Final Thoughts — Flowers for Algernon #MayFFA

Thoughts ffabydk Flowers for Algernon by Daniel Keyes, Bantam Books 1968 (orig 1959), 216


So much for trying not to be SPOILED and thus it was ruined anyway. This would be the BEST book to have been warned thoroughly about what it IS about. (Maybe? Jenny could/should have sent me an all-caps email that said PLEASE YOU MUST READ THE ENDING FIRST! YOU WILL THANK ME.) This is NOT one to be in the dark for. Now, you want a totally-blind know-nothing-read then go try Life After Life by Kate Atkinson or We Were Liars by E.Lockhart. These two should definitely be books to go in COLD.

But NOT Flowers!

This is a cautionary tale of how an incorrect misleading spoiler (or just an untruth!) was misunderstood and how my over-imagination caused much confusion.

It’s just too hard to have classics be totally spoiler-free and over-hyped. I shouldn’t try. It also did not help that I had this confused with Harrison’s Flowers because I seriously SERIOUSLY had thought for many years that it was a war torn love story. And when that bubble burst, I somehow got the impression this TRULY had space aliens!  I thought I accidentally saw a spoiler that the mouse was an intelligent space alien!!! Where I got this, I can no longer ascertain. Apparently, I was hoping for Ralph of The Mouse and the Motorcycle.


I’m thinking I need to write some fanfic for this book involving mice-driven spaceships and romances ripped apart by the savageness of war.

ncspaceshiphouse  Outer Space or Outer Banks NC House… Supposedly the 2nd most photographed building in North Carolina)

According to Wiki, Science fiction is a genre of fiction dealing with imaginative content such as futuristic settings, futuristic science and technology, space travel, time travel, faster than light travel, parallel universes and extraterrestrial life.  Come on, Care, you are SMARTER than to assume all SciFi is aliens and outer space. IKR!?  Well, this did not feel like science fiction. Perhaps because it was based in the past? I’m so out of my league when discussing the SF genre, right? Just because I’ve read Neuromancer and Snow Crash and Hitchhiker’s Guide to the Galaxy, I *think* have a grasp on this slippery genre?! Go ahead, banish me from the club. I deserve it. I wish I hadn’t known that it won the Hugo award nor the Nebula Award. Pretty cool that it won, but I wish I didn’t know it.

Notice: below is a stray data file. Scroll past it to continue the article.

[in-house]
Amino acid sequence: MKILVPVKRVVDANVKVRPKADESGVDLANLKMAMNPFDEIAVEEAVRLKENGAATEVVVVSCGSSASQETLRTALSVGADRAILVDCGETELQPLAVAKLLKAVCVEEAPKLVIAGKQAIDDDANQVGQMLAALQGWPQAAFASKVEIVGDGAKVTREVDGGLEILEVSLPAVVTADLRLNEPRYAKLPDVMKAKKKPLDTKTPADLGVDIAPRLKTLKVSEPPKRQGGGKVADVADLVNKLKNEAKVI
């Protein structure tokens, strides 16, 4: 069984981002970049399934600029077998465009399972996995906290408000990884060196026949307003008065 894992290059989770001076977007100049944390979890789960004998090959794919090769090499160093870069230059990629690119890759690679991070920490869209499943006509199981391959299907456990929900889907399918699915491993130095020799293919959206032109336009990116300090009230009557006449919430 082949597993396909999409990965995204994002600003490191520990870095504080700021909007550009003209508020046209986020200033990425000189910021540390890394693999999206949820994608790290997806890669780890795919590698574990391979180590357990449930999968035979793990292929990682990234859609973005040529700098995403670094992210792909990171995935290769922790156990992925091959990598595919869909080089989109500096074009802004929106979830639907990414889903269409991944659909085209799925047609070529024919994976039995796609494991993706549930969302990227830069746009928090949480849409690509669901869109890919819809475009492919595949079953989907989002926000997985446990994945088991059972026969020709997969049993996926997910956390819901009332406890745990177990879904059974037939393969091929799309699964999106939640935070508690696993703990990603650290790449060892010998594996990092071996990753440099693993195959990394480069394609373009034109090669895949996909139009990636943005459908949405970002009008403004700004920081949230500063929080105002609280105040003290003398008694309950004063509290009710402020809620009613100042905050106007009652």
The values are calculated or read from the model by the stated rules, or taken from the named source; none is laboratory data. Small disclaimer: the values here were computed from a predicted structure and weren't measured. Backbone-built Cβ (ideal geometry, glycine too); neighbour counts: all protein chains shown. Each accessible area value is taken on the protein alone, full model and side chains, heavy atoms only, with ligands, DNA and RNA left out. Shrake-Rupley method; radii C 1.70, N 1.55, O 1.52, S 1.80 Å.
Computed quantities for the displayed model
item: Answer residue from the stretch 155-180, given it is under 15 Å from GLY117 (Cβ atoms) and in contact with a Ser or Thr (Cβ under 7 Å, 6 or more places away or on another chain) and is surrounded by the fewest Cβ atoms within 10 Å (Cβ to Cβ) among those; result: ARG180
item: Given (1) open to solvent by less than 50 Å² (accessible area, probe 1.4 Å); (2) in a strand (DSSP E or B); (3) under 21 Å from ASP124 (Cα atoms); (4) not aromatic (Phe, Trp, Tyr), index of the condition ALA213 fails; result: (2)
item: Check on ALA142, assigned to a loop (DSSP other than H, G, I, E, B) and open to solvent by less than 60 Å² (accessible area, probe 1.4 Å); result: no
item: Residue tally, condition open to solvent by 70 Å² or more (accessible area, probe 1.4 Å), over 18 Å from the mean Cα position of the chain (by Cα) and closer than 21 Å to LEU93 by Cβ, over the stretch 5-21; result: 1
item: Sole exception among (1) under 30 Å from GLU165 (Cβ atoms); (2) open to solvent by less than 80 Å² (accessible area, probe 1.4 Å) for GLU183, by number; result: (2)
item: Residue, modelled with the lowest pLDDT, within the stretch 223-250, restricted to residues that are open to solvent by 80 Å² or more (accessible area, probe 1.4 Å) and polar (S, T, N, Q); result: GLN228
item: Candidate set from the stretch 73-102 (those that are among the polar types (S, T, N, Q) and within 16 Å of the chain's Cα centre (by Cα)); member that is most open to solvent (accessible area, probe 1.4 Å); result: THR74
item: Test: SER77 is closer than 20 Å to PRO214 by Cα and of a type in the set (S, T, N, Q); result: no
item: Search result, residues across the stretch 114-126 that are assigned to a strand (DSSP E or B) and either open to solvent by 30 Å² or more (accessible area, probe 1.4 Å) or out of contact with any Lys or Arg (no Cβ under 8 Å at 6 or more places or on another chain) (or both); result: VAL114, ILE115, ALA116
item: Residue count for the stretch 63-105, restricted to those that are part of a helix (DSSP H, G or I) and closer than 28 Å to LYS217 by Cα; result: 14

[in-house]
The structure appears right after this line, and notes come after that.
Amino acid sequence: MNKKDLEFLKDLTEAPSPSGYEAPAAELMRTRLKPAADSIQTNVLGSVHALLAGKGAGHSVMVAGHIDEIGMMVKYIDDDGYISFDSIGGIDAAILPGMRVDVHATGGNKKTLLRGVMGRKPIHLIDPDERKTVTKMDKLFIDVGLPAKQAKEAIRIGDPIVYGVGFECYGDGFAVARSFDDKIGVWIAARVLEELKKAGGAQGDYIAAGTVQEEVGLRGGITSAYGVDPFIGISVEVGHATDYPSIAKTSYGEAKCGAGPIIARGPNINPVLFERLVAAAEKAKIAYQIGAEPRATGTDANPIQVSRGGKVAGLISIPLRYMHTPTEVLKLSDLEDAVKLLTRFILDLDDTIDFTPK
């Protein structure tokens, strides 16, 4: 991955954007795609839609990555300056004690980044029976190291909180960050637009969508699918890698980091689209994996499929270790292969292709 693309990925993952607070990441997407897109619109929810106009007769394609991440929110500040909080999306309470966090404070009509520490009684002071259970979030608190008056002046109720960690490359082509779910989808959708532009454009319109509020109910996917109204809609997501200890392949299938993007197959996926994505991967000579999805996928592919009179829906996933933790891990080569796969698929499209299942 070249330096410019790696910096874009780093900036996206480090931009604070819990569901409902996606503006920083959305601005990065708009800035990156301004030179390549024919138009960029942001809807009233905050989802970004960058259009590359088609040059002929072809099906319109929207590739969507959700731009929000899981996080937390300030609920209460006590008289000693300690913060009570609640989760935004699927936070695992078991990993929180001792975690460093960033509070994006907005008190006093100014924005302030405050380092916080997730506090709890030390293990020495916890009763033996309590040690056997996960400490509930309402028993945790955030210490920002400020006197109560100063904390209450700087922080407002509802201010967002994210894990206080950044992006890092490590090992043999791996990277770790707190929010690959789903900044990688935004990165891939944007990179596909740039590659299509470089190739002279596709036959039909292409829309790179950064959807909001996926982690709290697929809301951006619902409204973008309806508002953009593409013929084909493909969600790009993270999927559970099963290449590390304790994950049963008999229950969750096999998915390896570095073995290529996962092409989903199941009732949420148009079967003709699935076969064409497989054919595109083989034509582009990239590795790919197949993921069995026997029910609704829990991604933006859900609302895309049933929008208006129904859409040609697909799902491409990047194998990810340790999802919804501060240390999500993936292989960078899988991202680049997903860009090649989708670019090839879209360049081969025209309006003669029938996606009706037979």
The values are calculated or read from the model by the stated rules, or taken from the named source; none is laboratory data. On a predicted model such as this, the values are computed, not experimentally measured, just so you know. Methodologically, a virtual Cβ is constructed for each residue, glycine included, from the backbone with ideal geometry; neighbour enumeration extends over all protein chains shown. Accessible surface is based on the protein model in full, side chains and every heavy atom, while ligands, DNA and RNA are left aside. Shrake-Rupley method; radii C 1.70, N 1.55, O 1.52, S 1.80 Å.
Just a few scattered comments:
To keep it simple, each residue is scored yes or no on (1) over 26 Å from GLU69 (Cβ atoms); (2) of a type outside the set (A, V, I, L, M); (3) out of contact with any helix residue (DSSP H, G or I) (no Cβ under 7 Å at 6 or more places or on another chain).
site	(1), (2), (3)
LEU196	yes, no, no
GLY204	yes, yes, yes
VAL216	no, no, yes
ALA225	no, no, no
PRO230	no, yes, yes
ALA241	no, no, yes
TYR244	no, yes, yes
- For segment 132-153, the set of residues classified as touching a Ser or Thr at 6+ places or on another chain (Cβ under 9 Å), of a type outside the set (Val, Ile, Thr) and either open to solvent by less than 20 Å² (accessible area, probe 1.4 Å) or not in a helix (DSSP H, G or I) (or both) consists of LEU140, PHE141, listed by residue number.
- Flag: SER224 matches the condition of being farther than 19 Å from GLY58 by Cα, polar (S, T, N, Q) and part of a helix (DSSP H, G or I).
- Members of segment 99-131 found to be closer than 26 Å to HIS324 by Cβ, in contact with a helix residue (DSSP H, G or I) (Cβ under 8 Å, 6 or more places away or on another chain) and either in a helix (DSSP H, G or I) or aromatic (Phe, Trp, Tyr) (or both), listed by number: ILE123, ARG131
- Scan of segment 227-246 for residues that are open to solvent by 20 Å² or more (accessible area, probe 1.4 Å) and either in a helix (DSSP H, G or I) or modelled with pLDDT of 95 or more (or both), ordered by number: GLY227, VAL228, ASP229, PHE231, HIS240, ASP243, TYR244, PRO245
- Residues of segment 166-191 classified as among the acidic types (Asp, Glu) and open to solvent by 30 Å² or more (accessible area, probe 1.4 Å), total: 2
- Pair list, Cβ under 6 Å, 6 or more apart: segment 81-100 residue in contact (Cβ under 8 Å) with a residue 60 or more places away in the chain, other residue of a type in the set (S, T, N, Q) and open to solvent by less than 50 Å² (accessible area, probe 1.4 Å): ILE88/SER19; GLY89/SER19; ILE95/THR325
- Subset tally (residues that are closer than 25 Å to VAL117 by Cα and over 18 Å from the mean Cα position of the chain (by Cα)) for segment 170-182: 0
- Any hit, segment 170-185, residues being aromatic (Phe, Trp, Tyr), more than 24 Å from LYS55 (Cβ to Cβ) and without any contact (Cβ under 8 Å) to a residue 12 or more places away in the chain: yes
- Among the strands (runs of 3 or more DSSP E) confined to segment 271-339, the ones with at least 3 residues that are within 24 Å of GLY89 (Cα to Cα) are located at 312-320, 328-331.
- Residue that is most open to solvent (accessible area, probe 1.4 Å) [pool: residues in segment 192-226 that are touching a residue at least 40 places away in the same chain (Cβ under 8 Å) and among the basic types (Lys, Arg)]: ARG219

OK, then. What is this about? It’s about how a science/medical team attempted to ‘fix’ a low IQ in order to make a human being smarter but they all failed to grasp the consequences on an emotional level. Sometimes, I thought this was expressed well and was quite nuanced in the telling. Other times, I was annoyed at Charlie and often thought he was rude and disrespectful, to women especially; but I have to realize that he learned too much, too fast and the whole point was that he didn’t have the gradual maturing to navigate and understand relationships. Life is complicated… yes, it’s extremely complicated. The story IS sad.

Please read Bellezza’s review, and/or Athira’s Halfway Post.

Two or three slices of pie depending on how I feel when you ask me. I don’t recall any pie mentions.

BIG THANK YOU to ATHIRA and TRISH for reading & tweeting along with me!


Sickness Quotient: 76% — Your “Sickness Quotient” of 76% indicates therapy may be useful.
Detailed Diagnosis

  • Interpersonal Insights: Your sense of self-entitlement means you’re probably the kind of person that pulled the wings off of butterflies when you were little. You think everyone is out to get you, and you’re absolutely right. It’s because you’re an awful person without any redeeming qualities.
  • Job Performance & Attitude: Your work is of so little value they should just put a shredder in place of your Out basket You frequently mention terms like “core competencies” and “paradigm shifts” while at work. Stop acting like such a tool.
  • Personality Insight: Your personal motto is “Every day, in every way, I’m getting better and better.” You must not have been saying this for very long.


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22 thoughts on “Final Thoughts — Flowers for Algernon #MayFFA

  1. Isn’t it interesting how we come to books with preconceived ideas? I didn’t have time to develop any of my own about this book as it was required reading in high school, and what I didn’t know at seventeen years of age was a lot! (I’m still confused about why high school students are reading terribly sophisticated literature such as Hemingway’s Farewell to Arms, when they nothing about war, death or love.)